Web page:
May

25

 One of the big financial businesses of the 19th century was to buy cheap Latin American sovereign debt, and then enforce payment by use of gunships. Apparently, the system is back, and its opponents too.

The Paris Club of official creditors decided to prevent aggressive investors buying poor countries' debt at a low price and then suing to recover large sums of money. There is growing irritation among international development agencies and NGOs over the actions of "vulture funds", which buy up discounted debt, often of developing countries, and then sue the government for more money than they paid. The emergence of litigation by vulture funds is forcing some poor countries to use spare money to settle debt claims, angering the other creditors who have written off the debt.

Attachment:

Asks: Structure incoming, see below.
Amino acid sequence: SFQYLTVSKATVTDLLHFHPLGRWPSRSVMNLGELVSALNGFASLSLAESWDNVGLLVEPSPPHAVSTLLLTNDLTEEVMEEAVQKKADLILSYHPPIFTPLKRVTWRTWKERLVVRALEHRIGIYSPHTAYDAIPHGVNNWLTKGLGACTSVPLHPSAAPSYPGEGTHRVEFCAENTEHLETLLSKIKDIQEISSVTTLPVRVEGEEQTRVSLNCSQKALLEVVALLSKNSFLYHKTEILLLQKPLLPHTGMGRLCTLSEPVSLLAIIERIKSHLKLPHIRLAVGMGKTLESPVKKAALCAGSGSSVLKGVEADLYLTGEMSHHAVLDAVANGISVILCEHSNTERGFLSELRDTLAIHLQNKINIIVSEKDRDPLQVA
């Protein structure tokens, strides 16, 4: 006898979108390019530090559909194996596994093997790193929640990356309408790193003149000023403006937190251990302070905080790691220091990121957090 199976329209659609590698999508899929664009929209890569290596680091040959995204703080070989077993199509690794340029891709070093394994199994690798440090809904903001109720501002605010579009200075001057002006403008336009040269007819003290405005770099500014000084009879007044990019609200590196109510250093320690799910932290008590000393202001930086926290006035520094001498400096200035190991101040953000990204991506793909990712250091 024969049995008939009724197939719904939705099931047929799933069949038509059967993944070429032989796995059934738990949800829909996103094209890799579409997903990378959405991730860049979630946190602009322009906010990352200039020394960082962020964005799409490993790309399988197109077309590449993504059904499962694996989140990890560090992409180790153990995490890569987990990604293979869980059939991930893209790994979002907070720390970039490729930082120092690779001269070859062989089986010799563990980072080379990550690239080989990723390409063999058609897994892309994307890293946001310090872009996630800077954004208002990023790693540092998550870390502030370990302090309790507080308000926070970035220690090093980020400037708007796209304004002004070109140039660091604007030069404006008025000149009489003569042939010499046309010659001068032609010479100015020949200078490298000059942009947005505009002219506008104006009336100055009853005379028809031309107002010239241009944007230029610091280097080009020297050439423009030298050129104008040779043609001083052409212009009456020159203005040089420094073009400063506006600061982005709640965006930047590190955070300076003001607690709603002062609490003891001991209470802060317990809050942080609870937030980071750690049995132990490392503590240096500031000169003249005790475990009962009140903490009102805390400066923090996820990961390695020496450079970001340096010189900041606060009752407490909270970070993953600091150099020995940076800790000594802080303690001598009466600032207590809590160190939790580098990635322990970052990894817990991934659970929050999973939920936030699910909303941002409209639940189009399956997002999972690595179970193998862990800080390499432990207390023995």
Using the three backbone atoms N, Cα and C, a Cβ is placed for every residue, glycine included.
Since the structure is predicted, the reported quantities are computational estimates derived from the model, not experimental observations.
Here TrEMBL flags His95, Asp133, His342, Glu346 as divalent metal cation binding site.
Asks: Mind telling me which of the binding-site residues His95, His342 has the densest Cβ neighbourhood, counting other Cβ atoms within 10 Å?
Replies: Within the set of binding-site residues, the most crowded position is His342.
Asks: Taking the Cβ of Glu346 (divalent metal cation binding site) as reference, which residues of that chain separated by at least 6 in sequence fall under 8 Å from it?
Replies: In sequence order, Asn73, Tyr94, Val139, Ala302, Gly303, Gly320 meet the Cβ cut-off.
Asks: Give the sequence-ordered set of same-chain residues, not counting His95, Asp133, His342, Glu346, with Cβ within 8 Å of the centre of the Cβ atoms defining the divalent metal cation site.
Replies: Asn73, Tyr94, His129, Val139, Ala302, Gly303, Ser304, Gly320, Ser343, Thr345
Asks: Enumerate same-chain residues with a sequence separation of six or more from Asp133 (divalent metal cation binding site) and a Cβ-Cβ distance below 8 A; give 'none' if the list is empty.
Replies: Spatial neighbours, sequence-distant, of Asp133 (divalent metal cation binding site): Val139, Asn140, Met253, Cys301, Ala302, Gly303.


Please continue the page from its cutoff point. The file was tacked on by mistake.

A British high court judge ruled in February that Zambia must pay the investment firm Donegal International a much larger sum than the $4million it had paid for the country's debt. The International Monetary Fund, World Bank, and Western creditors wrote off a large part of Zambia's debt in 2006.

I remember reading that among many others, Turkey and Venezuela's debt was recovered by these methods. Theodor Herzl offered to settle Turkey's debts for a charter of South Syria, then a Turkish province.


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